jimbo11: This article has just been released at the website Update - 10/01/03 (by Paul Scott, Director, Willowdrive Ltd) First Update of the New Year Firstly may I wish everyone a Happy New Year, and I trust you all enjoyed the break over Xmas. With the holiday season now over, we are determined to crank up the pressure on management at PPL to bring matters to a speedy conclusion. Several of us wrote to our CEO, Geoff Cook, again before Xmas but true to form have not received a reply. Yesterday I tried to speak with Mr Cook to arrange a meeting, but both the CEO and the FD were not in the office, so I cannot yet report on whether they will agree to see me or not. Our strategy for the New Year I have recently consulted with the larger supporters of this Action Group, and we are agreed on the strategy to pursue. As mentioned above, we have requested a meeting with the Board, to see if there is a way of reaching agreement on unlocking shareholder value. The company has already publicly stated that they are open to takeover approaches, and it could be that discussions with interested parties are already underway. We just don't know. The most frustrating aspect of this Action Group is that our Board have almost totally ignored the existence of the Action Group, and overall are simply dreadful at communicating with shareholders. Perhaps they decided that a "tough it out" strategy would be the best approach ? Well if so, it isn't working. Supporters are becoming more & more angry at the contempt shown to us by our Board. We are by far the largest shareholding block, and yet the Board have not made any attempt to establish dialogue. I am not in the habit of meekly caving in when things get difficult, and my position remains the same - the Action Group pushes on until we succeed. As such we can only conclude that they are against shareholder value and need to be removed. What is even more incredible is that the company has given no general update to shareholders for several months now. The Xenotransplantation project should by now have been sold, but we have heard nothing. The lack of future funding remains the biggest issue facing the company, yet we have heard nothing other than the complacent sounding circular letter sent belatedly to the many concerned shareholders who wrote to the company in the autumn. This is an APPALLING way to treat shareholders. Therefore, our first step is meet the Board as soon as possible, if they are willing to do so. At least we cannot then be accused of failing to attempt a dialogue. The second step, should the above not result in anything meaningful, is to submit Resolutions for the next AGM (due in May 2003) to oust key members of the Board and replace them with our own appointees. Papers are being drawn up to do this, and will be submitted to the company if our meeting is unsuccessful. Why an AGM, not an EGM ? The mechanics of organising so many shareholders into supporting an EGM Requisition would be a nightmare due to our support being very fragmented. The core larger supporters of the Action Group all feel that substantially the same end is achieved by submitting Resolutions for the AGM, yet requires only a handful of people to sign the papers. We only need 5% of the shares to submit Resolutions for an AGM, but 10% to call an EGM. Also, an EGM involves considerable extra costs for the company, and the last thing we want to do is to cause the cash to disappear even more quickly than the prodigious rate the of cash burn our Board are managing on their own ! By submitting our AGM Resolutions to take control of the Board, we believe a clear deadline will be put in place, which should focus our Board's minds on shareholder value. No Board relishes the thought of having to fight to keep their jobs in a full shareholder vote, and we believe unless the Board have unlocked shareholder value in a meaningful way by then, we stand a very good chance of taking control of the Board. Should we succeed, we would immediately cut the cash burn, and put the company unequivocally up for sale, to achieve the best possible shareholder value in the short term. Update on Support I was pleased to see the share price dip down again before Xmas, as this stimulates buying by Action Group supporters. So it was this time, and I am delighted to announce yet another significant increase in our support. Here are the stats of our current support; 165 Action Group supporters We together hold 17,056,493 shares This represents a whopping 13.9% of the total I am very mindful of the fact that an awful lot of people are relying on me personally to press ahead with this Action Group to the best of my ability. Rest assured, I won't let you down. Just to reiterate, if any supporters add to, or reduce your shareholding, please either email me or submit a revised form in the Vote Now section, clearly stating in the comments box that it is an update on an existing position. This ensures I have the most up to date information on support. Regards, Paul Scott (Director, Willowdrive Ltd)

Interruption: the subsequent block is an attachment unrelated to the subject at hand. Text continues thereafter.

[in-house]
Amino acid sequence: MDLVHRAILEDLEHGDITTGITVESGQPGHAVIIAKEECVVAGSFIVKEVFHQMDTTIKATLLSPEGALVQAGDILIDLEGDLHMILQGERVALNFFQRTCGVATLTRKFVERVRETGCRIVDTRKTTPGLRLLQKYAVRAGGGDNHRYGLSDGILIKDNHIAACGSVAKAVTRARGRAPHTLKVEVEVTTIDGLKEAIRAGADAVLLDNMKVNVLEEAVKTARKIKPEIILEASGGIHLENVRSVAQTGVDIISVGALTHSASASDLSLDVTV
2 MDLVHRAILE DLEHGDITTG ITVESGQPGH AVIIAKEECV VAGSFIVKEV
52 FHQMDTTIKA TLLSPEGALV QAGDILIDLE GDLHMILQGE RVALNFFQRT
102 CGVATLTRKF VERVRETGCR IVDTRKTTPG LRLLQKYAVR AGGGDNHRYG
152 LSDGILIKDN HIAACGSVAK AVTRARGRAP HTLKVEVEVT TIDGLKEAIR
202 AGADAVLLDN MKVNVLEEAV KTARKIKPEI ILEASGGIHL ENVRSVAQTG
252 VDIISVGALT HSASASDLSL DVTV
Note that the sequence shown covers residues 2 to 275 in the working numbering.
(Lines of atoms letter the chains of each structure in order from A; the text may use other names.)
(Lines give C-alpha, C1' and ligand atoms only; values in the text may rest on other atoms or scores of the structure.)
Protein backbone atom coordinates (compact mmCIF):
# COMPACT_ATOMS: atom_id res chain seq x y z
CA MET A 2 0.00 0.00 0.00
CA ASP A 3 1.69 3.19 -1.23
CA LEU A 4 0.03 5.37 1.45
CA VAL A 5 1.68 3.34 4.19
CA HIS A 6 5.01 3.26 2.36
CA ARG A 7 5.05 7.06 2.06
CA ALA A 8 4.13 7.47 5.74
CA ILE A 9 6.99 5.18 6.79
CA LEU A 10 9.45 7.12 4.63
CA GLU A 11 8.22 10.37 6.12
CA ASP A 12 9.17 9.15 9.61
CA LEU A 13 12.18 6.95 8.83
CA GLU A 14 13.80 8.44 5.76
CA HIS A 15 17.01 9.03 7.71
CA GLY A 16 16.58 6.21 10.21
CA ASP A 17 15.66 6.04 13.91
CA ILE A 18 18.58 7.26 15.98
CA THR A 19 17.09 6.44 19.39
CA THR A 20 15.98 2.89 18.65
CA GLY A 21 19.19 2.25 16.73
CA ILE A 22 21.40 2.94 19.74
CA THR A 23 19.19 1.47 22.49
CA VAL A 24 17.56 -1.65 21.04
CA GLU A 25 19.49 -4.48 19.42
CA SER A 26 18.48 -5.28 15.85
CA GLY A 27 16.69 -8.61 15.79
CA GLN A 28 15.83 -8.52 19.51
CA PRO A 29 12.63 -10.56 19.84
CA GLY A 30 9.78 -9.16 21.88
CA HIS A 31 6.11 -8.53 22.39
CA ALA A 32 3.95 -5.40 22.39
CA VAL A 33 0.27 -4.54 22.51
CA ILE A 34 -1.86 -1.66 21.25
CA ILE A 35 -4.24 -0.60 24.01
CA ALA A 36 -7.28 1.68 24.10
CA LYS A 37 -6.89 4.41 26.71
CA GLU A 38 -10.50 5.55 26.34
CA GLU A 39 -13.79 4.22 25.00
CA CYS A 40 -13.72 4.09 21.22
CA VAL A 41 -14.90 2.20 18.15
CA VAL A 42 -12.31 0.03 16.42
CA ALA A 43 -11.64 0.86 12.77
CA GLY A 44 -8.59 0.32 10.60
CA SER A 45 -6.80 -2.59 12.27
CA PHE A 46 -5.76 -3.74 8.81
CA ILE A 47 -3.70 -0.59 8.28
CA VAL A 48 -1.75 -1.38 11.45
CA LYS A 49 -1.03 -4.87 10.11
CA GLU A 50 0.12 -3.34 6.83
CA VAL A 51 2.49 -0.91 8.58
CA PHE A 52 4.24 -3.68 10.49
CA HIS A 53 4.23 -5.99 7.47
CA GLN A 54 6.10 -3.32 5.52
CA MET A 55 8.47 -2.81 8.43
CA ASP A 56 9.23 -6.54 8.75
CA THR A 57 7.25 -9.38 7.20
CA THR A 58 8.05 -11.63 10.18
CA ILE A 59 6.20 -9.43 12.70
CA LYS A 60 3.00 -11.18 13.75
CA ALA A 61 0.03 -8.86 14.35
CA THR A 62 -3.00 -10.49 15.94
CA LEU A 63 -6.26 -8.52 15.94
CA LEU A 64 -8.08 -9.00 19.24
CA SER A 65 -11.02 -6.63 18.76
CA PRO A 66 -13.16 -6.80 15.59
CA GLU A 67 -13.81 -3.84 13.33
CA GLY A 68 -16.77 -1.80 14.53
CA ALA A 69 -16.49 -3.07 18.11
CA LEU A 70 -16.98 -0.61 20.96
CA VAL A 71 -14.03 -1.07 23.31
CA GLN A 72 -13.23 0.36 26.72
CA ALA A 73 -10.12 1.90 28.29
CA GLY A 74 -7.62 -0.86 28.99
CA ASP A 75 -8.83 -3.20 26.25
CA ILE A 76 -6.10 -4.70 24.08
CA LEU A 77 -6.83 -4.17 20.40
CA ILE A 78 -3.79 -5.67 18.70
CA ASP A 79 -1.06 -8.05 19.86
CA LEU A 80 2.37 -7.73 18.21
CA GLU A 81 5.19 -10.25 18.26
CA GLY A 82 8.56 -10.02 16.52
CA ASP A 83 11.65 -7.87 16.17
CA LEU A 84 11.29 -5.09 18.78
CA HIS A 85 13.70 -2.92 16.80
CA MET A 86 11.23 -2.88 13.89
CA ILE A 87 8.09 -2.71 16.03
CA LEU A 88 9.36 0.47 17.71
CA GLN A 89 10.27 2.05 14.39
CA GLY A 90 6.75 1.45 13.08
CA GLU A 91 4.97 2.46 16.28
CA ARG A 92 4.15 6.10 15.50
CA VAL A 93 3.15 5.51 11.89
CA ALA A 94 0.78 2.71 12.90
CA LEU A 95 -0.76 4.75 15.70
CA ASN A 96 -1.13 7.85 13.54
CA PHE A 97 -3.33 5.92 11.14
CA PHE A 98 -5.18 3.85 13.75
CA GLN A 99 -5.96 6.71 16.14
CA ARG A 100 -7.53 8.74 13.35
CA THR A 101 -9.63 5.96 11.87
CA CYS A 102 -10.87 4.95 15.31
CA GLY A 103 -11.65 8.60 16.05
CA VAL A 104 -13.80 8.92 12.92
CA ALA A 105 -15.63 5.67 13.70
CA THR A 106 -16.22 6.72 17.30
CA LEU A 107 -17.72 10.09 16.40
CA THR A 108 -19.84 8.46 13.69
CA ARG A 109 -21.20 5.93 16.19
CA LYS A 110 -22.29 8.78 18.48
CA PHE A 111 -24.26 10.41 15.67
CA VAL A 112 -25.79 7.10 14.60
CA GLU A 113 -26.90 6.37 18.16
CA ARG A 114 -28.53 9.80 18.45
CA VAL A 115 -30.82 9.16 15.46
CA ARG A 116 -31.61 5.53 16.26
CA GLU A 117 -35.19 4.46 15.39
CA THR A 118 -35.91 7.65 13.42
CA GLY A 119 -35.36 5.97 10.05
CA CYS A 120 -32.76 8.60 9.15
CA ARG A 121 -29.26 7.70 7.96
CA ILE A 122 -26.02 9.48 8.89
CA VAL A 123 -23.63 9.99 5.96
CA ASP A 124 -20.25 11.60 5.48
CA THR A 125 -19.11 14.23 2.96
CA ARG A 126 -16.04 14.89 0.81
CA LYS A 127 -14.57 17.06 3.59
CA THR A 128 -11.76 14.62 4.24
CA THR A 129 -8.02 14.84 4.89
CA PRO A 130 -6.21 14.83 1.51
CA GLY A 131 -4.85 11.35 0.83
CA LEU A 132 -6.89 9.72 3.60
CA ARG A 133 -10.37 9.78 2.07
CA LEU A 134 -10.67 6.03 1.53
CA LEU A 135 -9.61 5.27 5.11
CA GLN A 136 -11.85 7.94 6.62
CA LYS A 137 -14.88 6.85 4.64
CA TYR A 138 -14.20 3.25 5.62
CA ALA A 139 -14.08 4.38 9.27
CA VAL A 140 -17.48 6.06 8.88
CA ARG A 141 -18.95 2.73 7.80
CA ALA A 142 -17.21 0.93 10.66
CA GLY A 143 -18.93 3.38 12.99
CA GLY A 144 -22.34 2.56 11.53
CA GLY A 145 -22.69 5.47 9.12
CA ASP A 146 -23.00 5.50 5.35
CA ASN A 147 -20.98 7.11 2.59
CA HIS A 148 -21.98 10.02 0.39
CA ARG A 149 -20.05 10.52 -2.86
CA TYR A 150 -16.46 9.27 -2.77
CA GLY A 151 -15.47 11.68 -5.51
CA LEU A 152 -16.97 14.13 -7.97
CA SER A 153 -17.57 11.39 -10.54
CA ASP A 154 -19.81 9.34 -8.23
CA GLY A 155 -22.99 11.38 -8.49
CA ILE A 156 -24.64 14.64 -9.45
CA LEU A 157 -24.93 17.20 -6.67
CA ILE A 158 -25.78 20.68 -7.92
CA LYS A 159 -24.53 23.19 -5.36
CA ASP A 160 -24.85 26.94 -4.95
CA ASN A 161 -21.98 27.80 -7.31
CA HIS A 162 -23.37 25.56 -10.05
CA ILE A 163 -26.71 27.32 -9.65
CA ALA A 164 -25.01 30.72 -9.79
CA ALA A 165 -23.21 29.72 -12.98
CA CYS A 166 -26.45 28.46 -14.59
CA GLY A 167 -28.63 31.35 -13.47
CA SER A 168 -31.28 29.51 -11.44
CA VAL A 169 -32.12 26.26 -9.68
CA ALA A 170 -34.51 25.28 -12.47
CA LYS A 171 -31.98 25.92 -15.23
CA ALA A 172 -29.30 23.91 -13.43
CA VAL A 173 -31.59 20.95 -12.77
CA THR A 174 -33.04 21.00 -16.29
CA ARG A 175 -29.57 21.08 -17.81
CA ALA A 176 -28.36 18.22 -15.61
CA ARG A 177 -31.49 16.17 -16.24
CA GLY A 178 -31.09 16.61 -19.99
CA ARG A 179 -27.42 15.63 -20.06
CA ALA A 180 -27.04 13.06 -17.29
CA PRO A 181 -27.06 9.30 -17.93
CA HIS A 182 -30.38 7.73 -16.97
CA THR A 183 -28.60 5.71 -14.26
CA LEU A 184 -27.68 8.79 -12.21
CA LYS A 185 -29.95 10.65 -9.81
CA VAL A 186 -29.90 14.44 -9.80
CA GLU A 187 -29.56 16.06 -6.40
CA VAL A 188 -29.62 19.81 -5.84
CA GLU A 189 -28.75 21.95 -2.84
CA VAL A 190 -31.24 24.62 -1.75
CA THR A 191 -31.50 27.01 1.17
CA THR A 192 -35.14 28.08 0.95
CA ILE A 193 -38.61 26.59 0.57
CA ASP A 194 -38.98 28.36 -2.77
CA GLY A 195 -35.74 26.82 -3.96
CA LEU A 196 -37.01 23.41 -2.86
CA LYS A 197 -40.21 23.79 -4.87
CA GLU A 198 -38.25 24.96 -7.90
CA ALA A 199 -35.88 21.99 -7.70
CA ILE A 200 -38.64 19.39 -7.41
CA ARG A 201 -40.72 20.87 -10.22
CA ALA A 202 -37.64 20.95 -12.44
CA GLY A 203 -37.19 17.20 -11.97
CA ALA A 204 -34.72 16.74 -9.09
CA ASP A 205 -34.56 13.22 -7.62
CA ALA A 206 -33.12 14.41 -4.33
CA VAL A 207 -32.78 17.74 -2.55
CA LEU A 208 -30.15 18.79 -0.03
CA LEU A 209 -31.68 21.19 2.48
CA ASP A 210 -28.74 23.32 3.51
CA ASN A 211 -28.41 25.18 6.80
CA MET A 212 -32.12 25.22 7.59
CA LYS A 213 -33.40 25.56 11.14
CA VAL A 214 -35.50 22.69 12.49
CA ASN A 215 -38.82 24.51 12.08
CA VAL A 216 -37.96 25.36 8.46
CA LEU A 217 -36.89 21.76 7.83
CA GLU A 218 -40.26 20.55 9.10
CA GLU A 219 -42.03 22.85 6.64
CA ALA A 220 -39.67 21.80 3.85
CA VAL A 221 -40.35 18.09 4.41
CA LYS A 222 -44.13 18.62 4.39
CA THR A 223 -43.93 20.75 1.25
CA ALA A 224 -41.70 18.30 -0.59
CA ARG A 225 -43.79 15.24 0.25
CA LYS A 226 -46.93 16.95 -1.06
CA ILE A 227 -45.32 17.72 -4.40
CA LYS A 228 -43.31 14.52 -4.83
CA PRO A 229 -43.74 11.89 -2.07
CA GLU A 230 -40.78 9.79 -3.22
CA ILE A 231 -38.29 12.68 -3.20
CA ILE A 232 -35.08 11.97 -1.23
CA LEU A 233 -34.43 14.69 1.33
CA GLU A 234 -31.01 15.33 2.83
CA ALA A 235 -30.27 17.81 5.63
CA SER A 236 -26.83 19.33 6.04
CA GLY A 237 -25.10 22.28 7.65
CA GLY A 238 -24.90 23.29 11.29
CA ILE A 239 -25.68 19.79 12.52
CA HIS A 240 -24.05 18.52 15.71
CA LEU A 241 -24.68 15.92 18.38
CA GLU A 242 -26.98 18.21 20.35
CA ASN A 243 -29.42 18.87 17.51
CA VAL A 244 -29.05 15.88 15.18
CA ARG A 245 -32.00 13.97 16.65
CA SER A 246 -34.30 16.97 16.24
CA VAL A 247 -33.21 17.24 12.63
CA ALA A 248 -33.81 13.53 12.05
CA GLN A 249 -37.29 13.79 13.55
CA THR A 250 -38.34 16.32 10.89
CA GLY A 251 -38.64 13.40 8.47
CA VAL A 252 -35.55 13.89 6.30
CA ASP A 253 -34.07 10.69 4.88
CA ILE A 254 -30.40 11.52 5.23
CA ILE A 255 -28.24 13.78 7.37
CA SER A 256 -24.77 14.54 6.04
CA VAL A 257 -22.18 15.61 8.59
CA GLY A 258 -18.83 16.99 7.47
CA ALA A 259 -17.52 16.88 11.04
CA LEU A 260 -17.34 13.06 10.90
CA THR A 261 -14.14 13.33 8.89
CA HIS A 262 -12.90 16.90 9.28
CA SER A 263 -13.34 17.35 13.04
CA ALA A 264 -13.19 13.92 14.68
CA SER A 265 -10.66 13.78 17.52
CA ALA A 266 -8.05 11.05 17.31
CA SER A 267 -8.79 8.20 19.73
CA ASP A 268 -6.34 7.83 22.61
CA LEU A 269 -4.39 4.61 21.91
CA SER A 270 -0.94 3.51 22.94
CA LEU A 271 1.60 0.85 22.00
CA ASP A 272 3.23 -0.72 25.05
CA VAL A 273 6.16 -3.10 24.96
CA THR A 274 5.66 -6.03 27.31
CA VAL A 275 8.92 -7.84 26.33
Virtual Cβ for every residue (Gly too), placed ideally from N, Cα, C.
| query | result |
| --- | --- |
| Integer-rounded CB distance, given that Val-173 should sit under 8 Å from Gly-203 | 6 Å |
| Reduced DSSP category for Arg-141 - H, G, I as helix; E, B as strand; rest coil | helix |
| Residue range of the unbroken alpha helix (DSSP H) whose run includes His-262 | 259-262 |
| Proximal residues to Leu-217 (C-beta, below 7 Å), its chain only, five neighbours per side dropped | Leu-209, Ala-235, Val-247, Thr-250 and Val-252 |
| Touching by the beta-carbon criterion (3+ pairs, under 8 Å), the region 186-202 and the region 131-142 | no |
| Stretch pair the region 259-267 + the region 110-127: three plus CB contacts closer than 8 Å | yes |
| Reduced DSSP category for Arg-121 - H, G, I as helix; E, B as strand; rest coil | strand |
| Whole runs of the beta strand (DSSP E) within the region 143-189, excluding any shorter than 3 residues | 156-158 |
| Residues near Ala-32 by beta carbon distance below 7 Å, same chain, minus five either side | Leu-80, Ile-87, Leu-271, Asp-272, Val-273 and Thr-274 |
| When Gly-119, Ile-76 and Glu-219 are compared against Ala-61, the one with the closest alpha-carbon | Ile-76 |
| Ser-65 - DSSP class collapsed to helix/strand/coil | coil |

eugene1234: Small investors threaten to break up PPL ANDREW MURRAY-WATSON PAUL Scott, the activist investor at the centre of an attempt to break up Edinburgh biotech firm PPL Therapeutics, upped the pressure on the beleaguered firm yesterday, after his action group became the largest shareholder block. Scott claims the group, which represents disenchanted small investors in PPL, now holds 11.1 of shares - ahead of INVESCP Perpetual UK with 10.9% and Aberforth Partners with 10%. The action group wants to unlock value in the company by returning its cash pile to shareholders and to seek takeover bids from third parties. Scott said: "In the last three days, 22 new supporters have joined, meaning that the group now represents an unprecedented 117 private shareholders in PPL Therapeutics. Furthermore, 18 existing shareholders - including myself - have taken advantage of the lower share price to buy more shares. The widespread buying sent PPL’s shares soaring 33%, or 1.75p, to 7p on the back of some frantic buying. Scott added: "We are expecting a response from the company any day, which has now taken about a month for them to prepare - typical of the disdain reserved for small shareholders at most struggling companies. "PPL badly needs an agent provocateur to make something happen. In the absence of any news from the company we can only assume the worst - ie more cash burn, with no prospect of a return for shareholders." But a spokesman for PPL said: "Paul Scott will be treated like any other shareholder of the company. You can assume that if he requests a meeting, we would very much consider it." Scott has a history of taking the cause of the underdog to break up companies which he perceives are underperforming. In the past he has targeted Expocentric, Actinic, Teamtalk and Protagona. He wants to force PPL to hold an extraordinary general meeting in a bid to leverage the votes of his action group. PPL employs close to 150 people, the bulk of which are based in Edinburgh. Any successful attempt to break up the company would inevitably lead to large scale job losses and deprive Scotland of one of its highest profile biotech prospects - which achieved world renown in 1997 with the cloning, in partnership with the Roslin Institute, of Dolly the sheep. The company is currently valued at about £8m, despite having an estimated £20m in the bank. Scott’s group has already said it will accept a bid for the company of 14.7p per share, or £18m. It is believed that one PPL shareholder has made a tentative approach to German pharmaceutical giant Bayer about a possible bid. The Edinburgh company is working with Bayer on its flagship emphysema treatment, alpha-1 antitrypsin, which is not expected to reach the market until 2007. However City sources yesterday downplayed the likelihood of Bayer being interested in making a takeover approach. One analyst, who declined to be named, said: "Why would they want to take on all the risk?" Geoff Cook, PPL’s chief executive, hopes to raise vital funds by off-loading the company’s US-based xenotransplantation business and by making proteins for other companies. Earlier this year the US division created five ‘knock-outR17; piglets with organs that could eventually be used in human patients.